The art of immobilizing injured extremities with splints has changed very little over the last 2,000 years.

Orthopedic and emergency room physicians still rely on wetting plaster and molding it in a unique way to immobilize an injured extremity.

When a patient sustains a fracture or dislocation of an extremity, the physician commonly uses a splint as either temporary or definitive treatment for the injury.

There are numerous joints and extremities that can benefit from splinting.

Similarly, there are many techniques for immobilizing these patients. Finding a comprehensive resource for splinting techniques has always been a challenge.

The eSplint app is designed by Charles Perkins, an emergency department nurse, to help any health care practitioner requiring a greater understanding of splint techniques. The app currently covers 11 splints involving the upper and lower body.

Although not a comprehensive list of splints, the app does cover these 11 techniques in an easy to follow step-by-step manner that is enhanced with video features.

User Interface


The app opens with a list of splinting techniques. The user interface is relatively simple and easy to use. The user can click on any splint technique they would like to learn or review.


After selecting a splint, the app opens with a uniform format for each splint. The app explains Indications, Splinting Material, Application Process, and Patient Education. Most steps have associated images to highlight the information.

At the end of each technique is a video demonstrating the splinting technique. This is a great feature for visual learners.


The app does a nice overview of the listed splints, but it does not explain multiple ways to perform the same splint. The short leg splint is applied in the prone position in the app. The splint can also be applied supine or sitting. Similarly, there are multiple ways to apply a thumb spica splint but only one is listed in the app. There are also different ways of padding and over-wrapping a splint which are not covered in the app.


  • $0.99


  • Simple design and user interface
  • Provides a general overview for key concepts involved in basic splints
  • Great use of multimedia
  • Provides nice overview of splinting concepts


  • Limited number of splints
  • No links to further content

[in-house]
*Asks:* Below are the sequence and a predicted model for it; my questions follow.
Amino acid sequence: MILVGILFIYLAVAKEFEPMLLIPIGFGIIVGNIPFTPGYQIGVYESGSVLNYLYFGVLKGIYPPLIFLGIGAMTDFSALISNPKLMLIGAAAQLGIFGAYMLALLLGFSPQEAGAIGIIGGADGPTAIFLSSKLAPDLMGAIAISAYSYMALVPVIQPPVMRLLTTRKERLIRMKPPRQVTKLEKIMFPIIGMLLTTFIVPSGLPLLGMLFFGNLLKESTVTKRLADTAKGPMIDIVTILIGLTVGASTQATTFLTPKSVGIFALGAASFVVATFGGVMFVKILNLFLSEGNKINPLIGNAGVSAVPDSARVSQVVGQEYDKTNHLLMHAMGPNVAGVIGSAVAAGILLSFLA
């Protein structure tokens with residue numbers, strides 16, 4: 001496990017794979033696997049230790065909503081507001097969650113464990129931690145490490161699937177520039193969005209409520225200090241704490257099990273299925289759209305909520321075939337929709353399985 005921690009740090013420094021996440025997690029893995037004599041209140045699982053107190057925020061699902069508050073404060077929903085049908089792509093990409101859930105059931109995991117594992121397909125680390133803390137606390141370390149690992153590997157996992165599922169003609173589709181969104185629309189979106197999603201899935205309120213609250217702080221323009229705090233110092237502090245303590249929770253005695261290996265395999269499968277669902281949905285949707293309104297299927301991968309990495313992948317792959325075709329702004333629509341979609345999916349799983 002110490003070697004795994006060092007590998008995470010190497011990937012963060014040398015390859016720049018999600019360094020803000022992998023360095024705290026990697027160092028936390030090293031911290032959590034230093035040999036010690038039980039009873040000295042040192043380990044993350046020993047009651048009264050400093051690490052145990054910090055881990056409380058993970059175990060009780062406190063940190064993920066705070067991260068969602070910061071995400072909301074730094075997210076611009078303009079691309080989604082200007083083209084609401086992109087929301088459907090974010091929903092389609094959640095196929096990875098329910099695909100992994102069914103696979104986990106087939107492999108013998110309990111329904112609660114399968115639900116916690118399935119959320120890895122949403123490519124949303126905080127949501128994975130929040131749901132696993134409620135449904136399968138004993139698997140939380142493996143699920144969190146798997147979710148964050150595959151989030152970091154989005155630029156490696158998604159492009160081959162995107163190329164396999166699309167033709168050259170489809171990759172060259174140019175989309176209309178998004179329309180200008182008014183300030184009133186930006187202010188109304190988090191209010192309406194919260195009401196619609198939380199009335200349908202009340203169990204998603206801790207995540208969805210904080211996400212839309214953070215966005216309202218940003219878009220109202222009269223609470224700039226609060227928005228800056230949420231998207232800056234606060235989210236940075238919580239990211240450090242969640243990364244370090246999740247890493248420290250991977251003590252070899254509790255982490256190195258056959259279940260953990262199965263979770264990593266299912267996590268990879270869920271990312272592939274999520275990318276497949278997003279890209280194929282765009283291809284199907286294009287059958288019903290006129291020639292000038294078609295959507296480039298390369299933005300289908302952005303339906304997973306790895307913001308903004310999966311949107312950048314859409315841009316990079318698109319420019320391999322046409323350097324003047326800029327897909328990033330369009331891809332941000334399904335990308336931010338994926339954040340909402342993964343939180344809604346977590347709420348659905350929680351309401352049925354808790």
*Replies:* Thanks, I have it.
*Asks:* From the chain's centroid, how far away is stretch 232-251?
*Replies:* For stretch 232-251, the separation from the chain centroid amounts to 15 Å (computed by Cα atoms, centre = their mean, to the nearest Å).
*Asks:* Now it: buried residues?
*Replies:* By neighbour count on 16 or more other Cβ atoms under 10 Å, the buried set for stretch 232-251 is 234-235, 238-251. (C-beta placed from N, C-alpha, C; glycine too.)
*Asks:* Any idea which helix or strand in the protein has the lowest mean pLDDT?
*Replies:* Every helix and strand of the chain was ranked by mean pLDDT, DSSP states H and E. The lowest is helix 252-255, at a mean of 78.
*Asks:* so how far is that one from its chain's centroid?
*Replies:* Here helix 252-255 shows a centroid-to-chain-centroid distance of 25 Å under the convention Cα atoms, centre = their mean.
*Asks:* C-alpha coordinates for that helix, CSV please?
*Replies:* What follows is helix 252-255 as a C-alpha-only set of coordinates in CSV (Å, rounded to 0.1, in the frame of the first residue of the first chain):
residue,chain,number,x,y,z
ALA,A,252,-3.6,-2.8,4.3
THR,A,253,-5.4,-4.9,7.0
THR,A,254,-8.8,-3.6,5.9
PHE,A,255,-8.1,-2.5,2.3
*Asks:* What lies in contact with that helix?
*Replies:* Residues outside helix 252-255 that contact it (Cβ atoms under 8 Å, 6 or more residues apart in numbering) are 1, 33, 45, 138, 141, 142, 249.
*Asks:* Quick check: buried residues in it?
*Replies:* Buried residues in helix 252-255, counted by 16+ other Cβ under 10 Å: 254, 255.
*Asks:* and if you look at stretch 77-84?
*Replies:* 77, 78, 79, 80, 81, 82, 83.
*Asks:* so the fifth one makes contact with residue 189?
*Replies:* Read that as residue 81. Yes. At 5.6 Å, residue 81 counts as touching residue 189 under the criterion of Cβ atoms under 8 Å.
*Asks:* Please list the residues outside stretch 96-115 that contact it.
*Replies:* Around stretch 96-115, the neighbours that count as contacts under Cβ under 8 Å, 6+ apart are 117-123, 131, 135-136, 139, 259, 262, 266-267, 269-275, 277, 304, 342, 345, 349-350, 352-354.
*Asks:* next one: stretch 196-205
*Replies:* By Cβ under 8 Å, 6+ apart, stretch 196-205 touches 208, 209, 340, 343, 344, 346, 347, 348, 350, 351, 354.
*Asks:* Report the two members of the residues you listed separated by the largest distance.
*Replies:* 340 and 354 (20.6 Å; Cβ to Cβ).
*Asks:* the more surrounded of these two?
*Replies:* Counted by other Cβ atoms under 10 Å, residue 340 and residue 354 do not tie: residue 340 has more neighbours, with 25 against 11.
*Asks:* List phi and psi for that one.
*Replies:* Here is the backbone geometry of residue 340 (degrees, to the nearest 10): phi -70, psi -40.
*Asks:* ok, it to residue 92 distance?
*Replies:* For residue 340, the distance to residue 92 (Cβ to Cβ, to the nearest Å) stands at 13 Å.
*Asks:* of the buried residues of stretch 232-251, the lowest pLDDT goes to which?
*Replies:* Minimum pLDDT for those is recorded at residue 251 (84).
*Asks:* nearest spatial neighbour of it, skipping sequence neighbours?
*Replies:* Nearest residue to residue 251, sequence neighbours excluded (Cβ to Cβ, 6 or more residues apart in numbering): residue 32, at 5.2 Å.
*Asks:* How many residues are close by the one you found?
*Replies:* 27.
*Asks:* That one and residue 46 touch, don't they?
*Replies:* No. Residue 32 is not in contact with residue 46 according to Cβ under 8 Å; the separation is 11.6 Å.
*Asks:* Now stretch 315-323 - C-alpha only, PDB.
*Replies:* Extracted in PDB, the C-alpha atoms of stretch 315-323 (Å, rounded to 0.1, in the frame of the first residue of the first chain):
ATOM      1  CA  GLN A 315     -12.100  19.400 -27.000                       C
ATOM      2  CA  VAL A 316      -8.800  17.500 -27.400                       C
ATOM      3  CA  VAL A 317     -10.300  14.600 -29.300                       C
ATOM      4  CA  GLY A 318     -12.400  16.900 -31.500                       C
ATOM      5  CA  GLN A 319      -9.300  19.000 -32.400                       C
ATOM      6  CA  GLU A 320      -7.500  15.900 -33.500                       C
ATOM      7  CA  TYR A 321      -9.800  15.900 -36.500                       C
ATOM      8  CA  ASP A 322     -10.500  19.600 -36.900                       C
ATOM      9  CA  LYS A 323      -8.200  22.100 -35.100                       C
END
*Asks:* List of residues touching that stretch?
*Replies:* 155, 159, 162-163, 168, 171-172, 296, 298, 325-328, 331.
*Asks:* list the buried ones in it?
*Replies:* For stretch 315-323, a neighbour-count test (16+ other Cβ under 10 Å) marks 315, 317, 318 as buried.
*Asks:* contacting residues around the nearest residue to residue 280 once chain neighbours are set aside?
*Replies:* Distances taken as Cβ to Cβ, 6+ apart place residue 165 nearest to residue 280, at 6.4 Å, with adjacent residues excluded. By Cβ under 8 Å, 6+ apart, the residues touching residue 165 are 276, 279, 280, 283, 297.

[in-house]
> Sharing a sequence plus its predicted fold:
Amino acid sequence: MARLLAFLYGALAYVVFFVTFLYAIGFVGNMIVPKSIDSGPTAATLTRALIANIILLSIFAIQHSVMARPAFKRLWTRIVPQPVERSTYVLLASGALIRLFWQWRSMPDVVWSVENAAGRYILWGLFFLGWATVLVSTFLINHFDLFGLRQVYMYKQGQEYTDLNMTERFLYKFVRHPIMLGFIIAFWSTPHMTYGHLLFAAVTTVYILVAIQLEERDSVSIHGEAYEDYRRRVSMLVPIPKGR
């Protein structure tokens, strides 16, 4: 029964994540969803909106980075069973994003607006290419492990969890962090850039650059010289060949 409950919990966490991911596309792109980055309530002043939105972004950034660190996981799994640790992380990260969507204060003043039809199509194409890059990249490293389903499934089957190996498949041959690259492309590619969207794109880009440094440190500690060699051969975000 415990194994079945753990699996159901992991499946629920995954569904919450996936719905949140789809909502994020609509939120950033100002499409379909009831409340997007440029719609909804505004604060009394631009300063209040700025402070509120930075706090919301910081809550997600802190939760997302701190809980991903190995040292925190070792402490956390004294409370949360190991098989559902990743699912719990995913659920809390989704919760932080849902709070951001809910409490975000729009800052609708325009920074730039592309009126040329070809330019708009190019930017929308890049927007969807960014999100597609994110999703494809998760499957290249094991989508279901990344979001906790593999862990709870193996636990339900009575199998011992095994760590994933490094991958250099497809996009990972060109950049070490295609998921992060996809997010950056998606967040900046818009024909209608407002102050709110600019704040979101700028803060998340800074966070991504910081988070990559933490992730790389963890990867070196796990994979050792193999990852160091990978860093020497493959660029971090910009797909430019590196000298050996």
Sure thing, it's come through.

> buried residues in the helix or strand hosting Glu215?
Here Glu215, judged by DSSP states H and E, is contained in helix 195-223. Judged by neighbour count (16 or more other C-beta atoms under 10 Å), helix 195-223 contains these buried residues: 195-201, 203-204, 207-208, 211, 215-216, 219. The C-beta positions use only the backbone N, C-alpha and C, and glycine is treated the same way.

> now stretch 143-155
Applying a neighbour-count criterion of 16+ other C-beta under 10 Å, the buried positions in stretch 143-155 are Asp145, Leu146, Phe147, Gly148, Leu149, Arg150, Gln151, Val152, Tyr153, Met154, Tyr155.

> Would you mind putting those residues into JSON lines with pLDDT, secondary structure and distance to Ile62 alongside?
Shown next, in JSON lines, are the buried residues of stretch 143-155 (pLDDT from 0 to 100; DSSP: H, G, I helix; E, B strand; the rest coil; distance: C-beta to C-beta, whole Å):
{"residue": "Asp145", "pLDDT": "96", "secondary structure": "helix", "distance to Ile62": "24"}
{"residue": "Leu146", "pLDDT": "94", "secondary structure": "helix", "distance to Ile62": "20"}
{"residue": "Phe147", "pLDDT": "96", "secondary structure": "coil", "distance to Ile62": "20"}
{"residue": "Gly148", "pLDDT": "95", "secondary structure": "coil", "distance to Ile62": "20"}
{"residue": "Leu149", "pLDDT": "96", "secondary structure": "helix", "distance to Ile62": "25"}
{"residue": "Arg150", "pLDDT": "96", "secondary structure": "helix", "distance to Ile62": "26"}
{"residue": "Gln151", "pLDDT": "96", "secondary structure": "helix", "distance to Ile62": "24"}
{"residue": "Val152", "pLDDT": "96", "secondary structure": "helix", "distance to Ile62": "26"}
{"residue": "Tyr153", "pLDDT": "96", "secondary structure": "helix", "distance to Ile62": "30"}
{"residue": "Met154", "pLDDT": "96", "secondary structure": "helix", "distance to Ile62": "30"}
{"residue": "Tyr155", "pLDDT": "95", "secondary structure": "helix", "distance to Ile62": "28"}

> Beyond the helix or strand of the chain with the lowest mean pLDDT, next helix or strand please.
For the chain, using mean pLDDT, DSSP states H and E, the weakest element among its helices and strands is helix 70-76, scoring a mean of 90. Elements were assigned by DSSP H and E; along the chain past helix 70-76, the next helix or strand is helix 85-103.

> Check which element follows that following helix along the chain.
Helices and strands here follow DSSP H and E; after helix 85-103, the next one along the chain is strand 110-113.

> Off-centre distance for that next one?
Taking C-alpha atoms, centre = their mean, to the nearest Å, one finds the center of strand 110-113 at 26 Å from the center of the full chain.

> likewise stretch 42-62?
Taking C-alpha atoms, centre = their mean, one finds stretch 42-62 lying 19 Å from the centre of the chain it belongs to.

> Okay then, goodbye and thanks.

• No alternative splinting techniques listed

Healthcare workers that would benefit from the app

  • This app is well suited for healthcare workers just learning to apply splints or requiring a basic understanding of splinting techniques.


  • This is a basic app with a simple design and interface. The content is very good and makes excellent use of multimedia, but the content is limited as a comprehensive splinting reference. The app would be a useful purchase for anyone just beginning to learn the art of splinting.

Type of device used to review app: iPhone 5
Version of App: 1.0

iTunes Link

Rating: (1 to 5 stars): 4/5

  1. User Interface: 4/5 – Simple and easy to navigate app design.
  2. Multimedia usage: 4/5 – The app makes great use of  multimedia features.
  3. Price: 4/5 – The price is fair for the amount of content in the app.
  4. Real world applicability: 3/5 – The application can serve as a nice reference with a uniform format.

This post does not establish, nor is it intended to establish, a patient physician relationship with anyone. It does not substitute for professional advice, and does not substitute for an in-person evaluation with your health care provider. It does not provide the definitive statement on the subject addressed. Before using these apps please consult with your own physician or health care provider as to the app’s validity and accuracy as this post is not intended to affirm the validity or accuracy of the apps in question. The app(s) mentioned in this post should not be used without discussing the app first with your health care provider.